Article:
A tip for those of you who have never been to Greece: unless you’re into spontaneous combustion, get a high factor sunscreen, because the summer can be murder. In fact, it’s so hot that before the economic crisis the Greeks had a habit of closing shops at around 2 in the afternoon until 5, since no one in their right mind would go out into that kind of heat. I did, unfortunately, and felt like a walking lump of charcoal as I did.

But who cares about scorching hot weather, that’s what you’re there for, right? Back on topic, Thassos seems to have more beaches than it does residents. Planning to visit them all in one go would probably turn out to be hopeless, which is why I would recommend that you choose your town and hotel carefully. Never fear, though: you can still get out and about for day trips relatively easily, so you’ll be able to visit various locations around the island and see whatever it is that has most piqued your interest.

Personally, I stayed at the Hotel Aloe in Skala Potamia. This resort lies on the southern end of the Golden Beach, a long stretch of the finest golden sand in the entire Aegean archipelago. Behind it is Ipsarion, the highest peak in Thassos, towering above everything at a staggering height of 1,204 m. Because of the island’s mountainous geology and soil, you can expect to see a lot of sycamores and pine trees, especially the latter as you climb higher up into the mountains.

Olive Oil and Richard the Lionheart

Green Olives by deagol (www.flickr.com)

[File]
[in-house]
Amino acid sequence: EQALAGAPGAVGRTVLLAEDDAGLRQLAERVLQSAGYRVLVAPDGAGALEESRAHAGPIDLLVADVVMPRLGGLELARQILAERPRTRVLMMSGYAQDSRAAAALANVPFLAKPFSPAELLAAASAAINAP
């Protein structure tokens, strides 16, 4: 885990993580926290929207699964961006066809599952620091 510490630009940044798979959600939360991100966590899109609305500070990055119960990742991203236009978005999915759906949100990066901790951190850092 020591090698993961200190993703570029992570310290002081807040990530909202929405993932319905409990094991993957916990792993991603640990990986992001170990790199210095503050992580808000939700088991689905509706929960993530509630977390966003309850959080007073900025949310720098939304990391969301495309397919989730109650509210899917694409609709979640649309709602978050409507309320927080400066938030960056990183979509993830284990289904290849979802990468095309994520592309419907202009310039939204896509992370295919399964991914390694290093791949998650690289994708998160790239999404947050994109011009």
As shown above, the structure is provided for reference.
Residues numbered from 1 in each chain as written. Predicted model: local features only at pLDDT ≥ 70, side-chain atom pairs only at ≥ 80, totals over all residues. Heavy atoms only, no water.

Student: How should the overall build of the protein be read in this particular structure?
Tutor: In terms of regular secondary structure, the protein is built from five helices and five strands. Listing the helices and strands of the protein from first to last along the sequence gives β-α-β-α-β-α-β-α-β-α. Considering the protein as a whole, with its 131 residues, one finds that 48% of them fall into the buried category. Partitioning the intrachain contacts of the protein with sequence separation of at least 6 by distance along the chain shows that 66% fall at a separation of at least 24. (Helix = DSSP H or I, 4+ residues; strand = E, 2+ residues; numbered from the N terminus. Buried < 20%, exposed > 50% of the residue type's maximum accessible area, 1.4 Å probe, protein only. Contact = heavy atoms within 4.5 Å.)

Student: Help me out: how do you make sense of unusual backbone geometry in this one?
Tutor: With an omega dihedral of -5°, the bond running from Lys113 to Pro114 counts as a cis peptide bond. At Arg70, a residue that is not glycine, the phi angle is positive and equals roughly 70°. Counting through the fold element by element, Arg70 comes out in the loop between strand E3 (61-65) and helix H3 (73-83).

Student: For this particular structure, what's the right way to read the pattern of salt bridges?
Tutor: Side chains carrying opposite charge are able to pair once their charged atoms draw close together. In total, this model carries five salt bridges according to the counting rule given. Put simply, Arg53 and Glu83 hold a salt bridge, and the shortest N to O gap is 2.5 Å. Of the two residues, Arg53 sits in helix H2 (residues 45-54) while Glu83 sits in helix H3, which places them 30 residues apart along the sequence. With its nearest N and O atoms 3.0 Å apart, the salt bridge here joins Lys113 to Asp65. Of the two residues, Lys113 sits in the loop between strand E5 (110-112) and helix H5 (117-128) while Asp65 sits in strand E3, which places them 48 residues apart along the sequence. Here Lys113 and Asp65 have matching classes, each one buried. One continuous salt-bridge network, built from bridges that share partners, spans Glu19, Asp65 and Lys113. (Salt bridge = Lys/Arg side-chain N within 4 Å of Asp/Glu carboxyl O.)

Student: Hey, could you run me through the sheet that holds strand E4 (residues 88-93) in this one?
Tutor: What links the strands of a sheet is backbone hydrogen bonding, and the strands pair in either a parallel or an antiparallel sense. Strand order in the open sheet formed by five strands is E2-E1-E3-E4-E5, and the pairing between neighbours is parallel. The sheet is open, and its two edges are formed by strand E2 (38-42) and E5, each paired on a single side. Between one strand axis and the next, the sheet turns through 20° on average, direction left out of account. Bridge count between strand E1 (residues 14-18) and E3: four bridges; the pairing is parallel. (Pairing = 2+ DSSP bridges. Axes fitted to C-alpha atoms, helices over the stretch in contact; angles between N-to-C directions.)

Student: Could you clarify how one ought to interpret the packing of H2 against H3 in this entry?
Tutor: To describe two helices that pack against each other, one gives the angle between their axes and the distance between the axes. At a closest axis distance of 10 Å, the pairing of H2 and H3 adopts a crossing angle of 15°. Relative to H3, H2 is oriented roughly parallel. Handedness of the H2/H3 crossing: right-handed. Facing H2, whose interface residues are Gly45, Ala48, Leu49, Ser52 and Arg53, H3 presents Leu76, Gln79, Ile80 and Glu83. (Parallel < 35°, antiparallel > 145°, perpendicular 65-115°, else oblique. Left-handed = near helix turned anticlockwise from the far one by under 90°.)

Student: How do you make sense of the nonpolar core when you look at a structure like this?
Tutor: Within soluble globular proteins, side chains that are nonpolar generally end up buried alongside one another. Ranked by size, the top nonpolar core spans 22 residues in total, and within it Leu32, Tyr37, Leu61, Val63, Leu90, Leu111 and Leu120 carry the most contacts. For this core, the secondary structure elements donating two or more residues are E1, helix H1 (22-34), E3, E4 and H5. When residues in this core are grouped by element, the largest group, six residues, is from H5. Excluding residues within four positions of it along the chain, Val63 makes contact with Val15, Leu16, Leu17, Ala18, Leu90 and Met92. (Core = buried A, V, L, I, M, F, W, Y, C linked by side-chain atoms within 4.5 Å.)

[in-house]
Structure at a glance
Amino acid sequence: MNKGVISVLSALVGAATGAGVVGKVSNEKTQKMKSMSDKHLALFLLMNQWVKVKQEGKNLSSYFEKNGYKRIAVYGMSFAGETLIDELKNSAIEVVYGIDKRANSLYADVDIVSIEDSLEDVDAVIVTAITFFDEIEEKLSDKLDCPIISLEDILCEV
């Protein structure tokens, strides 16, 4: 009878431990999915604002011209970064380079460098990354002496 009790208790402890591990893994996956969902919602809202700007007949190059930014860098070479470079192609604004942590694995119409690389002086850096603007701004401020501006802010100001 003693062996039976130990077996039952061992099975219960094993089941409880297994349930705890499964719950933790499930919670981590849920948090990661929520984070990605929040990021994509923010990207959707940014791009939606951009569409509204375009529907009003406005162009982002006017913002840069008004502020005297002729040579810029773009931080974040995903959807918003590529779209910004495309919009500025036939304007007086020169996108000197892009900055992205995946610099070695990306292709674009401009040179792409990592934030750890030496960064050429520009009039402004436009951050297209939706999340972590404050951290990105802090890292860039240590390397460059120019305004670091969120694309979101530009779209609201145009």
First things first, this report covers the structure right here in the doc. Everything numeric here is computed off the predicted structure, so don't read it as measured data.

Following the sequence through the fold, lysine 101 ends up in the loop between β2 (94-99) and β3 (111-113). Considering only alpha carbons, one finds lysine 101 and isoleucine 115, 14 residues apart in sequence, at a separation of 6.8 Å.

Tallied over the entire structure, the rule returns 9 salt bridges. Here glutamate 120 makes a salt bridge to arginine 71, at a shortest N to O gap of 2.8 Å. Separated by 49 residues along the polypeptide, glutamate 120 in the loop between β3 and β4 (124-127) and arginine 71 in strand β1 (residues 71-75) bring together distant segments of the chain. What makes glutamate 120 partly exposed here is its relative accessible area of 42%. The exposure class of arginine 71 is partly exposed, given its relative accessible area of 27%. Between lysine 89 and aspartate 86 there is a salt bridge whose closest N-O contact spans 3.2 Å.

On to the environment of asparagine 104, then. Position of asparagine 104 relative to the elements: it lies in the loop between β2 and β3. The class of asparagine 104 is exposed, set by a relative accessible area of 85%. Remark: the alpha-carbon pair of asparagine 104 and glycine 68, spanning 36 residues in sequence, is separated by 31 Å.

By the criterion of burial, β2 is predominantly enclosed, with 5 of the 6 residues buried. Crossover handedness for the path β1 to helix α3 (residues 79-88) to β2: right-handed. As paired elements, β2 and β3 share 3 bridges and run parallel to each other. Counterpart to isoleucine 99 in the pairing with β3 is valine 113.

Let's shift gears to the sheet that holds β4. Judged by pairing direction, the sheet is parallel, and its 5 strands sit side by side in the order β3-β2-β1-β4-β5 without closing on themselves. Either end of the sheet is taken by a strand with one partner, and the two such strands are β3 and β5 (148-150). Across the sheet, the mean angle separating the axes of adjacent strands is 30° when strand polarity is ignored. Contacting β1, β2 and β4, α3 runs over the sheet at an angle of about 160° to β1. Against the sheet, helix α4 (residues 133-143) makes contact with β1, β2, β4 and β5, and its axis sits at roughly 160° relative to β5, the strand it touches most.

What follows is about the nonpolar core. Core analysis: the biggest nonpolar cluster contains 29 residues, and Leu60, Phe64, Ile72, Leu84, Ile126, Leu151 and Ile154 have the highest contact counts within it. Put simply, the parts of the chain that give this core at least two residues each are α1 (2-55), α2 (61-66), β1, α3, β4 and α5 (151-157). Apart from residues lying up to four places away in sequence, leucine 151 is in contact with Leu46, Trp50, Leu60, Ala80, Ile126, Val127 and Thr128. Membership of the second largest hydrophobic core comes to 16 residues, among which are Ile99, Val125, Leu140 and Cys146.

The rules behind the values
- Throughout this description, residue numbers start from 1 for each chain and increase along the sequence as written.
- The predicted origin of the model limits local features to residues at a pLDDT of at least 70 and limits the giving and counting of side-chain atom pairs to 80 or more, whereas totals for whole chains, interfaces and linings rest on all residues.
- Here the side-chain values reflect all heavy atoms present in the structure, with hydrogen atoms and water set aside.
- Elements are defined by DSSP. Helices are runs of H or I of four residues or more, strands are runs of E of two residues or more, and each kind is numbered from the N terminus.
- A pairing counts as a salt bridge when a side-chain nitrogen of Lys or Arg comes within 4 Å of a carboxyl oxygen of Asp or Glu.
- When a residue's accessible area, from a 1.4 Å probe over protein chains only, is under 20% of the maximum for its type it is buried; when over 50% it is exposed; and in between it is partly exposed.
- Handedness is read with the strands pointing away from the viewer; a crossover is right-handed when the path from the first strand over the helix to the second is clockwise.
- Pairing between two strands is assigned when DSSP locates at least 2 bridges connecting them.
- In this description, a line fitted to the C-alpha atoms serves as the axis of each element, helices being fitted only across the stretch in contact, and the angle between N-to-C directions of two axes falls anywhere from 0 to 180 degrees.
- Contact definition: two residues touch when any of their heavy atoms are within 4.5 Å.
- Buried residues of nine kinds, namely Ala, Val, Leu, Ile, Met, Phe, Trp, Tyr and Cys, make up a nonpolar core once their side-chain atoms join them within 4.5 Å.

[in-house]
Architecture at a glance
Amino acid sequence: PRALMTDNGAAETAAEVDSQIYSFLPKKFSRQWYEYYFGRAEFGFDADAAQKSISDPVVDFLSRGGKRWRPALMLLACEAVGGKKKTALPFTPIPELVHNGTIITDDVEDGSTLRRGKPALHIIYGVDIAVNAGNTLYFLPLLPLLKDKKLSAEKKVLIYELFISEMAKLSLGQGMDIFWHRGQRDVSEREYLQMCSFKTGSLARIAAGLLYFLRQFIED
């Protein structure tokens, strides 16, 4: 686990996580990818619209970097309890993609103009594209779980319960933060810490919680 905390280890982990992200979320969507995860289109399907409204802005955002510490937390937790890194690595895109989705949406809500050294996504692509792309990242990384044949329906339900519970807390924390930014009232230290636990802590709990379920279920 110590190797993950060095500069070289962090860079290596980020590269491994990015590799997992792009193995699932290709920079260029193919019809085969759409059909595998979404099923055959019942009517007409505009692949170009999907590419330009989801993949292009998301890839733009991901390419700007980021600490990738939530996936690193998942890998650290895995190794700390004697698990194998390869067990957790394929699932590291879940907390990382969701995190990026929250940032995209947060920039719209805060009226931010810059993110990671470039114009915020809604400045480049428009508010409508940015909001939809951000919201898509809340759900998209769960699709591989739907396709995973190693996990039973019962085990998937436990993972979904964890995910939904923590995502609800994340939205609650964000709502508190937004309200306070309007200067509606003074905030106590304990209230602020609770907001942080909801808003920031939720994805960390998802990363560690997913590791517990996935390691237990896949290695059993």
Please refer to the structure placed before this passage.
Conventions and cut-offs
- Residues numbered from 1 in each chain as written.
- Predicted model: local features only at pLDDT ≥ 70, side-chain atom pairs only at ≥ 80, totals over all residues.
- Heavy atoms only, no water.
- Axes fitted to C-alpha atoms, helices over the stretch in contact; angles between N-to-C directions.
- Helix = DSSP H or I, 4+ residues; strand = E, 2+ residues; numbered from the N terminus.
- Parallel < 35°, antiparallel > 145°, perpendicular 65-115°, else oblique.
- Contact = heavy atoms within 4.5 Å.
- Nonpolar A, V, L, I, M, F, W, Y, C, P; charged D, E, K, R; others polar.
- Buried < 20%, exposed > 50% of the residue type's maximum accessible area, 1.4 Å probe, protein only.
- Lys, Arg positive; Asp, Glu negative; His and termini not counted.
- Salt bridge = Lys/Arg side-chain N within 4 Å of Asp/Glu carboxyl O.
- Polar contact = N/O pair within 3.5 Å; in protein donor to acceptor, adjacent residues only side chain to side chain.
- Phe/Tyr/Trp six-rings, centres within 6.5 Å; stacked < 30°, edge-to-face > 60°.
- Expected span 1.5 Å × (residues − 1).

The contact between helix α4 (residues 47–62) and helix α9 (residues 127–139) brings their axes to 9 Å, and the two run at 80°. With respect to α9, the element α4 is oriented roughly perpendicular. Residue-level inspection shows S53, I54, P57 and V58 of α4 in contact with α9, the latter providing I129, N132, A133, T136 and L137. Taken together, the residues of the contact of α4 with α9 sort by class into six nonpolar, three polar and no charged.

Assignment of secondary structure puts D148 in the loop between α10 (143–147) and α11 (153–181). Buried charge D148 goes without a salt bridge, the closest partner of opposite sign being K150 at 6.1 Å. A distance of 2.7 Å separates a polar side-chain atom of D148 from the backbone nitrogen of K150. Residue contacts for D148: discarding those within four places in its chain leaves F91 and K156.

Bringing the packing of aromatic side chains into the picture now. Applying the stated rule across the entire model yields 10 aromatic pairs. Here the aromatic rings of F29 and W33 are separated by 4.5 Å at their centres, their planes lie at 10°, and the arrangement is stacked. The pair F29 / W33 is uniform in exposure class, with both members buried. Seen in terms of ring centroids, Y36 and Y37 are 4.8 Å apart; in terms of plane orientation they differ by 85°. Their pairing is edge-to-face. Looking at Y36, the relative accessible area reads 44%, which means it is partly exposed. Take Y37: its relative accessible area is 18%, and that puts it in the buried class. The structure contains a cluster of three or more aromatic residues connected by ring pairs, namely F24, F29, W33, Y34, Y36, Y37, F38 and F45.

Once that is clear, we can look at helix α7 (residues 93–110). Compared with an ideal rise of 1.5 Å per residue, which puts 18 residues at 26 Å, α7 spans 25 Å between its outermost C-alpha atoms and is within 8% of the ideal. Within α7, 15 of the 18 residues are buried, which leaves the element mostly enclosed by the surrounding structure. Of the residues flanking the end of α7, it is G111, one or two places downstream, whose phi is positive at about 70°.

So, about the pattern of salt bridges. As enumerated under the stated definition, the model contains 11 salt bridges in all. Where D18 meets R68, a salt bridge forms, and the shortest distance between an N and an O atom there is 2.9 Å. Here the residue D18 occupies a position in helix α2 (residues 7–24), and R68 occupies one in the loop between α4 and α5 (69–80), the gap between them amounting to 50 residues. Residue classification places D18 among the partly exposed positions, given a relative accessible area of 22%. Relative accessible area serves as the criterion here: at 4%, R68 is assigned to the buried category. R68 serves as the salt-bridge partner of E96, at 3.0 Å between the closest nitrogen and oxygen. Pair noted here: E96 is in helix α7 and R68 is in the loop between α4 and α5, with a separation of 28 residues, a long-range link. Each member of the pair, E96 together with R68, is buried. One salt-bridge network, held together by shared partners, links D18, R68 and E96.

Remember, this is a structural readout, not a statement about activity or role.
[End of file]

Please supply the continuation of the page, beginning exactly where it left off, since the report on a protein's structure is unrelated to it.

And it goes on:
What does a king of England and olive fat have in common with Thassos? Well, for one, both can be found in the small town of Panagia. The town is famous for producing some of the finest olive oil in the region, and its mills are definitely worth seeing. Many even have a guide who will explain to you how olive oil is made, and let me tell you, it’s a slippery business (geddit?). Bad puns aside, do consider buying some for yourself, because you can be certain this oil is about as good as it gets and, naturally, it’s made with absolutely no artificial additives. It’s all nature, dude!

And where does Richard I of England play a role in all of this? Well, he himself doesn’t, but if you stop over at the church of Virgin Mary in Panagia (which itself is actually a name for the Mother of God in Greek), you might see his red-white banner. I have to hand it to him, the guy knew where to lead a crusade. The church is an integral part of Panagia and contains various ancient Orthodox icons from the 14th – 17th centuries. Definitely recommended for those who appreciate religious culture. If you plan your vacation around August, try and get to the church on the 15th, when the church commemorates the ascension of the Holy Mother on an annual basis with a great deal of music and a long table filled with all kinds of food, from beef with potatoes to rice and stews – a fantastic display of Christian generosity to those who visit.</p>

Making the Best of Thassos

My trip lasted about a week, so there was only so much I could see. What I have described barely scratches the emerald surface of this beautiful island. Yes, it might sound cliché, but its unspoiled scenery is truly magnificent and inspiring. Every part of the experience was absolutely worth it, from the watching the playful seagulls on the ferry to the island, to the seductive sands of its warm, sunny beaches. So, could you see yourself visiting? If you do I promise you won’t regret it. Carpe diem: seize the chance to see Thassos!